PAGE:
Expecting chunks to acknowledge, that, for example, the "center-right Democrats" he'd prefer to commit suicide would trigger special elections, some of which would be in states that voted strongly for Trump, and which the Republicans would be heavily favored to win in an open seat (i.e. at the time, AL, MO, IN, ND, MT and WV) is just too much. Acknowledging political realities like "centrist Democrats in red states are better than Republicans, and if they dropped dead, no matter how much I hate them and how much they suck, their replacements would actually be worse" is just proof that you are actually a center-right status quo fool.

Expecting chunks to acknowledge that, had Democrats adopted a policy of treating John McCain like the shithead he was all the time, McCain might've decided to go through with stripping millions of people of their health insurance, is also proof.

And so on and so forth with such issues like "How can Democrats stop Republicans from confirming Kavanaugh if they have 51 votes given that any procedural trick can also be overridden with 51 votes?"

If you disagree with chunks about tactics, it just means that you must not actually be a progressive. Because the proper tactics are obvious**, and if you shared any principles with him, or nay, had any principles, you would agree.

*As Susan Collins evidently was! Her approval rating has fallen precipitously and predictably in response to confirming a very anti-abortion justice in a pro-choice state

**Or rather, the fact that Democrats' tactics are wrong is obvious. The correct tactics may not be obvious, but it's NOT HIS JOB to figure out what they are! Therefore your arguments and evidence that he's wrong about tactics don't matter. He is allowed to simply assume, without evidence, that the correct, perfect tactic is available, and other people are simply refusing to use it because they WANT the bad thing to happen.
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I will enjoy watching the Democratic Leadership shit their pants every time an M4A and Abolish ICE candidate wins. WHY WON'T THEY KISS THE RING?
Ok, I had to quote this because it was amusing. "Abolish ICE" has mostly dropped off as a demand. Gillibrand endorsed the idea, nobody like chunks gave a shit, they didn't rally to her, and she hasn't gone anywhere. Meanwhile, Bernie Sanders refuses to endorse the slogan. So as it turns out, chunks himself would prefer a candidate who does not call to "Abolish ICE." Does that mean I think he, or Bernie Sanders, don't care about immigration reform? No. Or that his plans are therefore horrible and tantamount to capitulation? No. But I do find it interesting.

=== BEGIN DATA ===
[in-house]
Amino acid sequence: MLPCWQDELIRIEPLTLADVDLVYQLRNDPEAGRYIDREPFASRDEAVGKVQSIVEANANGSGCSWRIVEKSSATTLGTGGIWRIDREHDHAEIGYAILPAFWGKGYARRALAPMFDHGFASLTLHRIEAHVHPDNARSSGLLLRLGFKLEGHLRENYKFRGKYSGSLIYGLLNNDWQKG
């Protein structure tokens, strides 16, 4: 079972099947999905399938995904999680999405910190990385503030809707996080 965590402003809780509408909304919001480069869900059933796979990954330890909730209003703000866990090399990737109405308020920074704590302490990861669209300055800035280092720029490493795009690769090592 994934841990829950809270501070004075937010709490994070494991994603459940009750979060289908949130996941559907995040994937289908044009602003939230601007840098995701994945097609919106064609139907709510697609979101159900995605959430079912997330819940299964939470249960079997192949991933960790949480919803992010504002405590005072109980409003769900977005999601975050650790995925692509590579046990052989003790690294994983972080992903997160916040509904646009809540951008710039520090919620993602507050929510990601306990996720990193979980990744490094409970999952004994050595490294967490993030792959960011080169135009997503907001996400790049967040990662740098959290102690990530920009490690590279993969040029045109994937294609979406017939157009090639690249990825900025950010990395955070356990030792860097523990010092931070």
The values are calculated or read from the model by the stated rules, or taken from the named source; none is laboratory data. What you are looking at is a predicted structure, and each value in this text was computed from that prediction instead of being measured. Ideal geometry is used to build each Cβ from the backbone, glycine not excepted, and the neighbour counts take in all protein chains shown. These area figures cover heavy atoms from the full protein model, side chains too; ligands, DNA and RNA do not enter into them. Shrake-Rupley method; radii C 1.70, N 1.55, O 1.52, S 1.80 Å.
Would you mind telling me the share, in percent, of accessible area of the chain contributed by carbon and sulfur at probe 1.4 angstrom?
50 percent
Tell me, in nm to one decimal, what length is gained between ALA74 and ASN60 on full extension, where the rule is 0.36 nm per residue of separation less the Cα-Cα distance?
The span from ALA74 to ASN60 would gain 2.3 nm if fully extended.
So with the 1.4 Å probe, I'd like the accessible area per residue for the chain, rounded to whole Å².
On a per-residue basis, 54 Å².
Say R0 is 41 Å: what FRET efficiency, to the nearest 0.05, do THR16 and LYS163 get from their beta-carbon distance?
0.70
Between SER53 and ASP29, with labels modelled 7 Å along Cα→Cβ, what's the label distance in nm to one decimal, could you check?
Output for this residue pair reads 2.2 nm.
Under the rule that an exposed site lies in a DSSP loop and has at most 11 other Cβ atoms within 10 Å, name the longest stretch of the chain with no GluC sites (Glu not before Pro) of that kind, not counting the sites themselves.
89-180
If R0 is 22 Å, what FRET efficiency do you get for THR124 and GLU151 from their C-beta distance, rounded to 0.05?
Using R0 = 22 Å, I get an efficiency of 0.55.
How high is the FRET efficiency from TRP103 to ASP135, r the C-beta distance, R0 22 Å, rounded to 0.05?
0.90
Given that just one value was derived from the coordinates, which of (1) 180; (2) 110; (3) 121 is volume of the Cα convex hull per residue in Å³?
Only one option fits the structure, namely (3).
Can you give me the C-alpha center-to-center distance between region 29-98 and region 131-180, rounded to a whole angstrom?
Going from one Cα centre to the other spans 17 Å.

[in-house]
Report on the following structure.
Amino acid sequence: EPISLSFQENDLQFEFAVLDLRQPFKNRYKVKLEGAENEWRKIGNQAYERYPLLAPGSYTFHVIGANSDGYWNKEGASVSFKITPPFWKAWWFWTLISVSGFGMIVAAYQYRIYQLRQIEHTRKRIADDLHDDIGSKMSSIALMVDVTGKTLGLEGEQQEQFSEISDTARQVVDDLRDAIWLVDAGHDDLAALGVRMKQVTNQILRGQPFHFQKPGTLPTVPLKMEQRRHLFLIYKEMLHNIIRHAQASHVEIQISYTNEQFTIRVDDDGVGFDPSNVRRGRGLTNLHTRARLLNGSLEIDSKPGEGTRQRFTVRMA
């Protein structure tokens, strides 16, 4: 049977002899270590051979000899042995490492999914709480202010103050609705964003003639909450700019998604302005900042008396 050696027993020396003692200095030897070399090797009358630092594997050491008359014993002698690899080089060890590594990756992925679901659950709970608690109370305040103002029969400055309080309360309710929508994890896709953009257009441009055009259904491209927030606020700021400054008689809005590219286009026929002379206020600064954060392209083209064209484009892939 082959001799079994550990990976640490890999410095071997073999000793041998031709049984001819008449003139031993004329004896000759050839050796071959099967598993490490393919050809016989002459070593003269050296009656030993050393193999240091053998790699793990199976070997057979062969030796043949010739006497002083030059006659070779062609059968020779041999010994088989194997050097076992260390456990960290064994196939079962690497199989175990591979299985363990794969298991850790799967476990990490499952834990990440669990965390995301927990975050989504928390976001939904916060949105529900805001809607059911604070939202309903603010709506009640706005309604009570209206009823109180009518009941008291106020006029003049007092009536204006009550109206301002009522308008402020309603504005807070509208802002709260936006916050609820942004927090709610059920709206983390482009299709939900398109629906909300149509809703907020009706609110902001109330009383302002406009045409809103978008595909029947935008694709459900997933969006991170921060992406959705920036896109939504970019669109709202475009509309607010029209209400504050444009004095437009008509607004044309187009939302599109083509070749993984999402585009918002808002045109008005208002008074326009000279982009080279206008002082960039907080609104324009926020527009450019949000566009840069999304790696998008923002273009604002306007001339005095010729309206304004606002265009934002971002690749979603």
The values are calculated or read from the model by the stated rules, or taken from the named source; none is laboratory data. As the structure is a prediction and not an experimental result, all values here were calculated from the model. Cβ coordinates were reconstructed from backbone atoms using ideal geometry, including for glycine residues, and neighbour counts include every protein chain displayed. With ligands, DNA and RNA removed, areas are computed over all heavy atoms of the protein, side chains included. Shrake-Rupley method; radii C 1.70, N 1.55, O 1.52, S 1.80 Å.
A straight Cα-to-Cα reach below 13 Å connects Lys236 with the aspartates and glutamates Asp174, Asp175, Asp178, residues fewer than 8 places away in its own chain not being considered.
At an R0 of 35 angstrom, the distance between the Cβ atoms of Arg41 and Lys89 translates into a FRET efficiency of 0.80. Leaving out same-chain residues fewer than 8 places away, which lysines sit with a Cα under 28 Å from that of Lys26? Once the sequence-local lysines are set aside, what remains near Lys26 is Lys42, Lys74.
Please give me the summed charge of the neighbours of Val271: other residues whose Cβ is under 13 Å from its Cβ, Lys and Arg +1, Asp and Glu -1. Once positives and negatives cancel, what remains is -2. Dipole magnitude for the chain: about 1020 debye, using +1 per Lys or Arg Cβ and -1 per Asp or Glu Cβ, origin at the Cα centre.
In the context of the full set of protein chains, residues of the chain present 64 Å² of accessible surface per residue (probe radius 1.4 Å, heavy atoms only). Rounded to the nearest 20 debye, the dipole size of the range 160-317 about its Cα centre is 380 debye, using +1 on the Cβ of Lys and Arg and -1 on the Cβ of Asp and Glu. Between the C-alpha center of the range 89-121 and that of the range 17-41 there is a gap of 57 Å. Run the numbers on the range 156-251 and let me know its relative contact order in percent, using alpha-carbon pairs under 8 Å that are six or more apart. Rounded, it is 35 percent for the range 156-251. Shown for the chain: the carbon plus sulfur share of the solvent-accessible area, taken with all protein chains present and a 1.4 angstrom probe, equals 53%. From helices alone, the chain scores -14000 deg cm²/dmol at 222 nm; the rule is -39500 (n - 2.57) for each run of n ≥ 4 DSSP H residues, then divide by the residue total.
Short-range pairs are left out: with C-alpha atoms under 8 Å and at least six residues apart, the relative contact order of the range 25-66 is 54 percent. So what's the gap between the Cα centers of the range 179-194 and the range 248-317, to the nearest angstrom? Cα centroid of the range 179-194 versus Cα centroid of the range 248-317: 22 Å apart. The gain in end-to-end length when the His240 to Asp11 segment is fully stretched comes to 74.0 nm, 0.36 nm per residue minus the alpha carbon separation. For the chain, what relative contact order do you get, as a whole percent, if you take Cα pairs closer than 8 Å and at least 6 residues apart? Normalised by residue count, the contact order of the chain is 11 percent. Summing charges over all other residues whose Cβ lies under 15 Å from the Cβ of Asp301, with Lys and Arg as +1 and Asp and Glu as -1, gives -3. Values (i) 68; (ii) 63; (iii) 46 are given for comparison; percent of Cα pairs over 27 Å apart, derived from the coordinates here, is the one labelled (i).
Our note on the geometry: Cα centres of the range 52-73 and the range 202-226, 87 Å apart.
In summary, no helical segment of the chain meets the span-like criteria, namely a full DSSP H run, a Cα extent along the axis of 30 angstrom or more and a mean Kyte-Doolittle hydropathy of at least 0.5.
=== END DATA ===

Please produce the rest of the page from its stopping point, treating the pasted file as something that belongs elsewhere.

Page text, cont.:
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Originally Posted by davidm View Post
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Originally Posted by The Man View Post
. I will, however, tell davidm, whom I still have on ignore, to fuck off. :wave:
:lol:

What a cowardly little twit you are!
I wonder if this means chunks is a "cowardly little twit" for having me on ignore? :chin:
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  #285  
Old 08-28-2019, 12:01 AM
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Default Re: Ultimate Cagefight MMXIX, Democratic Edition

So Joe Biden dropped heavily in a recent national poll to third at 19%, pushing Bernie and Warren both at 20% to the lead. Three notes:
This is a national poll, as opposed to polling in the key swing states that will actually decide the election.
This is one poll, not a bunch of polls, so let's see how this plays out.
It's good to look at more data than just polls, and avoid horse-racey parts.

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Originally Posted by The Man
Elizabeth Warren will not be compromised if she receives super PAC money.
I'm not sure how you're making that determination. And I'm not sure how a candidate that relies on elite donors then pivots away from them to... switch to grassroots donations for their run for a second term?

There's always an argument from the elites and corporate lobbyists that politicians should take their money; it's a trap. They aren't wanting to give money to Warren because they love Warren; they want to buy a candidate to influence the administration and policies, full stop. And more specifically, Bernie scares the fuck out of them.